At one university, Honk Mobile found that during the first week, 5 percent of those parking at the lot used the HonkTAP NFC solution. By the third week, the percentage rose to 16 percent, and it is now closer to 25 percent as users realize the NFC-based payment option is available and learn how to use it. “It’s so much easier than lining up a photo” for a QR code, Barton explains.

“Previously,” La says, “people had to download apps, type in numbers—this is bridging that gap.” The small transactions of parking payments, he adds, serve as a good use case for these kinds of payments, for their speed and convenience. The highest use rates are in places where queues often form at payment terminals, such as busy lots in areas near farmers’ markets or other heavily trafficked locations. It is being used especially often by iPhone users, the company reports. The NFC tag designed for parking meters measures 3 inches by 3 inches, Barton reports, while the large NFC tags are designed to be applied to a poster or affixed to a wall within a covered parking area, for example, and measure 13.5 inches long by 8.5 inches wide.

The 1-millimeter-thick on-metal tag is thinner than traditional tags designed with non-metal spacers, Barton says, such as foam. It uses a thin layer of ferrite, he adds, and by utilizing the HF 15693 ISO standard (rather than NFC’s ISO 14443 standard), it achieves approximately the same read range as a tag that has a 6-millimeter spacer, so that it can be read effectively by both iOS- and Android-based devices.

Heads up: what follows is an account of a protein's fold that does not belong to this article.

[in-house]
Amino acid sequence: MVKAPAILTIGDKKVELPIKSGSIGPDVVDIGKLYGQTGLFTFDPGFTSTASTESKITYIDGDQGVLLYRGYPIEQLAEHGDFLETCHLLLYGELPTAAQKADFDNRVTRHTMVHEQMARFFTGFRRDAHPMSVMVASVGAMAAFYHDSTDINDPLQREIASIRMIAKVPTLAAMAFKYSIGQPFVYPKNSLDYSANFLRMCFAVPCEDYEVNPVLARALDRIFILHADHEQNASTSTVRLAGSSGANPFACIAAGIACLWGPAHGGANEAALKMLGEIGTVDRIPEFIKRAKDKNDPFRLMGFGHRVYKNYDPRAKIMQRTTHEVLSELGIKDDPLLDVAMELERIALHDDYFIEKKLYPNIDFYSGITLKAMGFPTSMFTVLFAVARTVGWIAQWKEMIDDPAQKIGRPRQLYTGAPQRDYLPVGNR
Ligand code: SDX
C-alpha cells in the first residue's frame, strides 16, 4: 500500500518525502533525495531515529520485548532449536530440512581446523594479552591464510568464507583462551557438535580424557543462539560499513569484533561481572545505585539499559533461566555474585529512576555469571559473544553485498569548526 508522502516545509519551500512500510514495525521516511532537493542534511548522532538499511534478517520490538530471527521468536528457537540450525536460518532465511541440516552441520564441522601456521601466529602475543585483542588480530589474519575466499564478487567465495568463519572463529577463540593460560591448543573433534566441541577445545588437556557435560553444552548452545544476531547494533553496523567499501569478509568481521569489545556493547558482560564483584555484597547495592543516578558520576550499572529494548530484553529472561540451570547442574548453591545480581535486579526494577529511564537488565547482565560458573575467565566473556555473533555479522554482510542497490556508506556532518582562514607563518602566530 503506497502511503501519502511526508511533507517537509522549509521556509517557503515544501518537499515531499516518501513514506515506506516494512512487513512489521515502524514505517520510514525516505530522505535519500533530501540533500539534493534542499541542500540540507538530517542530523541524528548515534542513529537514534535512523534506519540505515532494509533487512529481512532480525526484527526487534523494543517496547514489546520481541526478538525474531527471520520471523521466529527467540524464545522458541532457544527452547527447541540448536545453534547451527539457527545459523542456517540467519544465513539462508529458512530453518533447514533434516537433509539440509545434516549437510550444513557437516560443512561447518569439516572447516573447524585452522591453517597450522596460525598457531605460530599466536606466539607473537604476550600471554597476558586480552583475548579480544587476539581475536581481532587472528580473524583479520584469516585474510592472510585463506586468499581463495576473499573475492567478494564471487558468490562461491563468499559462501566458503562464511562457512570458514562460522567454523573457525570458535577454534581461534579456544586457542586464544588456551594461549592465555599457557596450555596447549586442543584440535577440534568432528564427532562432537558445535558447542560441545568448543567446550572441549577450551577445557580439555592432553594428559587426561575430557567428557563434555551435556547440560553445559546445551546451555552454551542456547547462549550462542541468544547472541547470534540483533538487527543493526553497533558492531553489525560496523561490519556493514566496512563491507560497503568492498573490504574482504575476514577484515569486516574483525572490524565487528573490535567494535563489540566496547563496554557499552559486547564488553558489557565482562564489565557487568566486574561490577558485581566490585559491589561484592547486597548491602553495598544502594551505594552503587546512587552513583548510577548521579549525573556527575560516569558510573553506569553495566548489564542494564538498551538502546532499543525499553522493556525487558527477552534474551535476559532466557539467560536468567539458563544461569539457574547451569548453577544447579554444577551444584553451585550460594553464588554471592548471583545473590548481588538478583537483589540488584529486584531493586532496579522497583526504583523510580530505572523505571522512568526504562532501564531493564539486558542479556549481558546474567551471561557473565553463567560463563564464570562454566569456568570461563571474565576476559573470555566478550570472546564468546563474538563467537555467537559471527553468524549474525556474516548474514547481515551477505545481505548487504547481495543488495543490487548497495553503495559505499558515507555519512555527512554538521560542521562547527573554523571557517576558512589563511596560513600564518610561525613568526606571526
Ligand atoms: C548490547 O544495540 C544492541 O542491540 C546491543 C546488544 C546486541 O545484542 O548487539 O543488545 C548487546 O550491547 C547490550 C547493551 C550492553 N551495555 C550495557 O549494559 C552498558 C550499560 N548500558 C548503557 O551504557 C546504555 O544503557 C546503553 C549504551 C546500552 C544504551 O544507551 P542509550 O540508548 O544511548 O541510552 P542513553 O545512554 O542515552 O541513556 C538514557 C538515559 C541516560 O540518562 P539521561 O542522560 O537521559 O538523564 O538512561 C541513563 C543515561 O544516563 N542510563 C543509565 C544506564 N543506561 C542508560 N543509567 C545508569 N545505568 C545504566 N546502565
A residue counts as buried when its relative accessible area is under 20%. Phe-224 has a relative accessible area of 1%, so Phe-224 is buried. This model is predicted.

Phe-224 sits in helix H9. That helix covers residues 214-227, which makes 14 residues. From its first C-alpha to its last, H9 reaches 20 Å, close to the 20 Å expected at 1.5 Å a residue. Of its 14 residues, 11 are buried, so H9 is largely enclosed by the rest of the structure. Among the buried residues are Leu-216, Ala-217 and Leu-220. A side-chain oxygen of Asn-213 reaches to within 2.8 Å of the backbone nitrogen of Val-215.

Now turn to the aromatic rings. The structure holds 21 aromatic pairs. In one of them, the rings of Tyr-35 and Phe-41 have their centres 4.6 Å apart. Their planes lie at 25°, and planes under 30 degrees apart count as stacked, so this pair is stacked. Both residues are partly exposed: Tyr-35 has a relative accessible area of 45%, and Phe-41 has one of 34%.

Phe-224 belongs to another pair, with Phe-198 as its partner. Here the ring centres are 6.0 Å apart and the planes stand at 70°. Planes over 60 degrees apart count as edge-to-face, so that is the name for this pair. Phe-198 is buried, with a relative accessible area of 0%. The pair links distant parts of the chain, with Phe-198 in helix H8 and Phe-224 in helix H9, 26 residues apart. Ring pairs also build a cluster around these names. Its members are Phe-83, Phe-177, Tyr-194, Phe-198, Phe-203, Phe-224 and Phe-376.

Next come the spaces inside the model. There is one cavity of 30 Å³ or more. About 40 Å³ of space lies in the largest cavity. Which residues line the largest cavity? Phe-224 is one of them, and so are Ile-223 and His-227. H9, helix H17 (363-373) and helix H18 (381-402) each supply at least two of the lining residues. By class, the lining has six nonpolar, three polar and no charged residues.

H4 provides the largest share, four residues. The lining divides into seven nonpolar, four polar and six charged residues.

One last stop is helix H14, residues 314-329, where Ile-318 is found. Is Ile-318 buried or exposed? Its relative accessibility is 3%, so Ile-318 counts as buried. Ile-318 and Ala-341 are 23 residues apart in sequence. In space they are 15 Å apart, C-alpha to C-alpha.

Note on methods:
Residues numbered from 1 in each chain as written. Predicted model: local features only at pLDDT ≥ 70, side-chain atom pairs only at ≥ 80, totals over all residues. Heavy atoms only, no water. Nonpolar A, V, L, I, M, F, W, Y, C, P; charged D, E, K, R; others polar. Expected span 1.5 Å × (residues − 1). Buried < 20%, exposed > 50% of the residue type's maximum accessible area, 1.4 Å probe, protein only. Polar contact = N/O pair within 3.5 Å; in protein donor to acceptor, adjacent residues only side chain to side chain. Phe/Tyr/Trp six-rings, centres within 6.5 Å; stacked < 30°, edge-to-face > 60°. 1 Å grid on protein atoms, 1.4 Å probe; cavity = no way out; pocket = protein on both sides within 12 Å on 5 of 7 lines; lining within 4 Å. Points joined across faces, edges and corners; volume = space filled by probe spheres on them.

The decal in which the tag is built is provided by WS Packaging Group, due to its ability to work with NFC technology and provide weather resistance. So while Smartrac produces the HF and NFC labels, WS Packaging Group accomplishes the converting, printing and encoding of ach decal.

While the solution is now deployed across Canada (a total of approximately 10,000 decals are currently in use), it is also being launched in Milwaukee, Wis., Houston, Texas, and Buffalo, N.Y. The first installations took place at the University of Victoria, in Vancouver, B.C., during a two-month pilot conducted this past spring. As the company expands throughout the United States and Canada, La says, “I think we’re just scratching the surface” for parking solution opportunities. “This is the next step in how the physical world is going to be connected to the digital world.”